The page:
Knuckleduster figures in M1813 shakos.
Chartrand, Rene. A Most Warlike Appearance: Uniforms, Flags and Equipment of the United States in the War of 1812. Ottawa: Service Publications, 2010.



A good friend of Knuckleduster, Tim King, has put together a PDF guide to battles in the Niagara campaign using Black Powder Rules and kindly offered it to me to post on the blog.

This document provides detailed scenarios for Chippewa, Lundy's Lane, Fort Erie, St. David's, and Cooks Mills.

Sunday, January 6, 2013


Blood was first spilled at Lundy's Lane by canonballs from the mouth of the British guns, and our game begins with the British side attempting to do the same (and generally succeeding). The batteries in the graveyard could have been represented with a section of six-pounders, a congreve rocket team, and a ridiculously-large 24lb gun; however, a 5.5inch howitzer was present in the British OB, and we chose to give the British player this toy to play with instead of a boring old six-pound gun.

Drummond's gunners take aim . . .
The three different types of ordinance present the players with a lot of rules to manage, and we wrote up an alternate cheat sheet that added a table of artillery rules (how many dice at what range with what to-hit number for which gun). We used the rules for artillery chapter and verse from the Black Powder rulebook, with the exception of giving the 24lb gun a couple of advantages. The heavy gun's fire dice are 2-3-4 (long-med-close). Additionally, there is no -1 penalty for long-range fire.

Glengarry light infantry advances. This unit was divided into two small units; we have found a normal-sized unit of skirmishers to be too powerful. These troops are considered Marauders in Black Powder.
Inevitably, Glengarry light infantry is pushed out on the American left flank by any British player with the slightest grasp of the Art of War, and anyone not in possession of a good set of loaded dice fails the command roll necessary to get the York and Lincoln militias to follow suit. A player given Rialls's command  who is impulsive, recklessly brave, drunk, or suffering some kind of fit will break ranks with the Incorporated Militia and march them forward, a mistake that becomes apparent at the beginning of US turn 2 (as you shall soon see).

In a year-and-a-half of running this game, the first round of British artillery fire has not caused an American unit to break entirely, however Scott's Brigade is routinely rendered a disordered mess incapable of mounting a general advance on the hill. Some players have managed to push one or two units raggedly toward the British line, but most will hunker down and refuse their left flank to fend off the green coats worrying them from the fence line.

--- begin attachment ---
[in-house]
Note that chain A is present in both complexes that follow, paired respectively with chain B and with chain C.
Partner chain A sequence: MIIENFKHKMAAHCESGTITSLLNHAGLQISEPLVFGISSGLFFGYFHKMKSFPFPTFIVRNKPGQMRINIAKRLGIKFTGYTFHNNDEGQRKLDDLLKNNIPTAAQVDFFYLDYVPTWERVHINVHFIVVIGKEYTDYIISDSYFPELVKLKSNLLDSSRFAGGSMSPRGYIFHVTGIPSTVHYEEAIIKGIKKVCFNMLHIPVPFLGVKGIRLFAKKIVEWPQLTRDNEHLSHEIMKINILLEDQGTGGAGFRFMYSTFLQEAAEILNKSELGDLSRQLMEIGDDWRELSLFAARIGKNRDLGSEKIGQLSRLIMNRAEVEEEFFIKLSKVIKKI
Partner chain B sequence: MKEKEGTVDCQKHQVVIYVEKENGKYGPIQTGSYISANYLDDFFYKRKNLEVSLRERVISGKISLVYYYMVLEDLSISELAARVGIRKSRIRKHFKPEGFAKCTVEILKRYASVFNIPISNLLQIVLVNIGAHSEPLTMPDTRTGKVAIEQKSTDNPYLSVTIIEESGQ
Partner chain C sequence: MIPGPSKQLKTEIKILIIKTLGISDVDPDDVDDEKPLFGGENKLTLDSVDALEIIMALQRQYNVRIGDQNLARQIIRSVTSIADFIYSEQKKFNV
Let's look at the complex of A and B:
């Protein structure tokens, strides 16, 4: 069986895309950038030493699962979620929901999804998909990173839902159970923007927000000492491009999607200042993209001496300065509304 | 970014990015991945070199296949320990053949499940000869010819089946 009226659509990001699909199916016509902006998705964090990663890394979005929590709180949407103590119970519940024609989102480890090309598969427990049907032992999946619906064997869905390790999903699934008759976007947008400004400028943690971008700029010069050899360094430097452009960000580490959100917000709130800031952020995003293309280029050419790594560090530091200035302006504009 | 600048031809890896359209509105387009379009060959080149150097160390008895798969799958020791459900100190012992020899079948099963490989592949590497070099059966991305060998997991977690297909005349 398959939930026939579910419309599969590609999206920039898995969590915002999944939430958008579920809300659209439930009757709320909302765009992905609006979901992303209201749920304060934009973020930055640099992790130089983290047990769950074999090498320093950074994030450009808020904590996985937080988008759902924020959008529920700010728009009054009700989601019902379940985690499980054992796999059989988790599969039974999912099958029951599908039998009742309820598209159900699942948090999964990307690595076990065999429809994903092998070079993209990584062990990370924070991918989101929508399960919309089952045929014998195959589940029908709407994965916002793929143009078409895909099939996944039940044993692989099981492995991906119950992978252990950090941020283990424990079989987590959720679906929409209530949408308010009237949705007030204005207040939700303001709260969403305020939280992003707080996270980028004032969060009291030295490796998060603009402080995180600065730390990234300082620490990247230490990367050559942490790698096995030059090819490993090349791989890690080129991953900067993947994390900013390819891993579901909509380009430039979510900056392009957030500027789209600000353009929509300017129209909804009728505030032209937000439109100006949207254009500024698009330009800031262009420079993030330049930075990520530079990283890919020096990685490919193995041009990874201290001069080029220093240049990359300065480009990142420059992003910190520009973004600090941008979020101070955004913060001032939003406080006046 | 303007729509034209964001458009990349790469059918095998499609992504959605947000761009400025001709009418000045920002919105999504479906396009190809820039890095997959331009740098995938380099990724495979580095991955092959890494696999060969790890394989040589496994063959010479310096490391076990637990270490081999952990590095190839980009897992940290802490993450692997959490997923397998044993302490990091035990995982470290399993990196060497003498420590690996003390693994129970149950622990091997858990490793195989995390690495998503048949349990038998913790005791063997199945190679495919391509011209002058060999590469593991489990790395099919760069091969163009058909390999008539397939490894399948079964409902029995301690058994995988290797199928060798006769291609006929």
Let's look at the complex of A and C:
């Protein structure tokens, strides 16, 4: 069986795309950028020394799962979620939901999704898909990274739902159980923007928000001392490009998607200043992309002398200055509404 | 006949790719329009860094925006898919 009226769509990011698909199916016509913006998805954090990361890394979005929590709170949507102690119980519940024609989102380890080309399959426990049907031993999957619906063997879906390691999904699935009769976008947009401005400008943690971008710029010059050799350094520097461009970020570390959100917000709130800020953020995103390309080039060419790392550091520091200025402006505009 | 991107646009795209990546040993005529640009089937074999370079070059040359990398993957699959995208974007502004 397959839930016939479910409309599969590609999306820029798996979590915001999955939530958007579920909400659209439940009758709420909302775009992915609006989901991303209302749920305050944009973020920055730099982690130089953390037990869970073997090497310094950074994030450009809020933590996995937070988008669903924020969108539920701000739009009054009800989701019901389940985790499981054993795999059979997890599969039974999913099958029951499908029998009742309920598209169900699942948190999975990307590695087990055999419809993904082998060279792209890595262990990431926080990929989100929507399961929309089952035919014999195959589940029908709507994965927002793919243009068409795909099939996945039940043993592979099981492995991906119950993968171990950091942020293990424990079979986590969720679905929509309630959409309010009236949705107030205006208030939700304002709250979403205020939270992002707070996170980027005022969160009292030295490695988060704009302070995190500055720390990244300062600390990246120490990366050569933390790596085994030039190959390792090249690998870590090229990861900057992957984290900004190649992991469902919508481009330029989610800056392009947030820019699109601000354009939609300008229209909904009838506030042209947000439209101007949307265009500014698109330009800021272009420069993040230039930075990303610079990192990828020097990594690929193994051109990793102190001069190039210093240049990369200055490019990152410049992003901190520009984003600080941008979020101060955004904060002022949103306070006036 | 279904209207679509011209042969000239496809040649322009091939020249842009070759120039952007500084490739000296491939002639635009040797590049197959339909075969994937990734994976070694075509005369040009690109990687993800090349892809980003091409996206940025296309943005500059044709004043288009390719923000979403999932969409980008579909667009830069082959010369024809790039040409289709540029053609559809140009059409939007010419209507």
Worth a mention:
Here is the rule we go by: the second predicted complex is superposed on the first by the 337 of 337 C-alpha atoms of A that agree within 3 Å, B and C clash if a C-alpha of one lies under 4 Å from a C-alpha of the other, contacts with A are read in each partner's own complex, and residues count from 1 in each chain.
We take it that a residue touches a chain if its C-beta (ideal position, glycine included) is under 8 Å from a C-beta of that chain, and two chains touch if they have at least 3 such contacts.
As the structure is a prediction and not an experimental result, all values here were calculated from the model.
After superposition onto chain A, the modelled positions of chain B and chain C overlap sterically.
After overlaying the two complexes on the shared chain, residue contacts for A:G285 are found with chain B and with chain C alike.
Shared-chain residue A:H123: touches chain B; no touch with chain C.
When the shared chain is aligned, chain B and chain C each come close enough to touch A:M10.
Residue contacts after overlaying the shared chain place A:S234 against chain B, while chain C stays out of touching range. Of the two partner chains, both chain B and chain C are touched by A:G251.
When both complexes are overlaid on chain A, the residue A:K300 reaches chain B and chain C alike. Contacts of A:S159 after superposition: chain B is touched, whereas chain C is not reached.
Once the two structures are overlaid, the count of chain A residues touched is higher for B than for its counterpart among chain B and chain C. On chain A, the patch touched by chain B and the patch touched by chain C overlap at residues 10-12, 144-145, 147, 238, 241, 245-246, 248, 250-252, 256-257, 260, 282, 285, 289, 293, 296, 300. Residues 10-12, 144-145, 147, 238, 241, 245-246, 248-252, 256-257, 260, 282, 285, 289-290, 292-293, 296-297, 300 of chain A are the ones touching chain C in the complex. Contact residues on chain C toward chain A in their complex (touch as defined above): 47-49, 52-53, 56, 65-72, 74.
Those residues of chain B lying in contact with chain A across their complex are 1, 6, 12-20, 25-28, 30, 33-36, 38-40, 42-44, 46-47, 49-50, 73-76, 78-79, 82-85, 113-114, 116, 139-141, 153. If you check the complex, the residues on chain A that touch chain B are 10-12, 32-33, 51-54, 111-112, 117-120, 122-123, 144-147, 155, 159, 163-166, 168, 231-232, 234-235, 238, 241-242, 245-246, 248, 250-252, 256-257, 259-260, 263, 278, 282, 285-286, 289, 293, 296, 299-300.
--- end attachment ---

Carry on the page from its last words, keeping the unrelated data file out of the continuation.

Towson's US artillery; the gun is by Elite, which I have found too large for my figures; I plan on replacing them with either Front Rank or Perry. The figures are Knuckleduster late-war artillery.
During this first turn, the American artillery will try to place fire on the hill, however a -1 penalty is assessed due to the elevation; not in the rulebook, but necessary to portray the difficulty with which Towson had trying to get roundshot to do anything but bury itself in the dirt.

At the beginning of Turn 2, the British have the opportunity to be patient, continue pounding the hapless grey coats, and perhaps run some skirmishers into the orchard to their immediate front. Most players will trust to the strength of their position and wait for the Americans to come on, however a few will lose their heads and turn loose the Royal Scots or, God Forbid, the 89th from their snug spot supporting the guns.

The American "surge." Ripley's division arrives.
In the distance can be seen Porter's militia brigade, equal in every way to the US regulars.
An aggressive move by the British early in the game, before the Americans have shown their hand, is punished during the beginning of the US turn 2 when the American reinforcements arrive. Brown arrives with Ripley's brigade on the road in the US rear. It's wise to give them one free move on the board in order to them into action as soon as possible, but we've also required command rolls to bring them on the table; your choice. Simultaneously, Jessup's 25th, supported by the skirmishers of Ketchum's company (a tiny unit)  enters in any formation  they wish astride the road on the British left flank, just inside the deep dark woods. 

The British response to this action can be quite amusing, especially if the Incorporated Militia has been pushed forward, bringing the Americans on the board behind them. We are very generous with units that must extricate themselves from trouble, knowing that well trained troops with good discipline can execute any number of maneuvers to reorient themselves. We employ a house-rule, apparently a popular one among Black Powder players, giving a disordered unit the chance to make one move backward in lieu of rallying in order to extricate itself from peril. We instituted this fairly early in our experience with the rules after watching a French dragoon unit trapped and annihilated by rifles; an entire regiment completely unable to run away and save themselves being nibbled into oblivion by a handful of skirmishers.

Glengarrys pelt the American left. They always prove a distraction to the
Americans far  beyond what their numbers justify.
The middle-game consists of firefights on the British left, Scott's brigade totally consumed with rallying units and fighting off the threat to their left, and American and British reinforcements filtering forward into action. Here the key to the battle becomes apparent; the Americans must get Ripley's brigade to the hill as quickly as possible and must charge the guns with alacrity before the British can reinforce the graveyard. 

Marching up and down the square. British reinforcements arrive . . . 
All of this time, visibility is reducing. Turn two it falls to 24 inches, turn three 12 inches, and turn four a mere six inches. By this time, both armies are heavily engaged and a long painful night has begun  . . .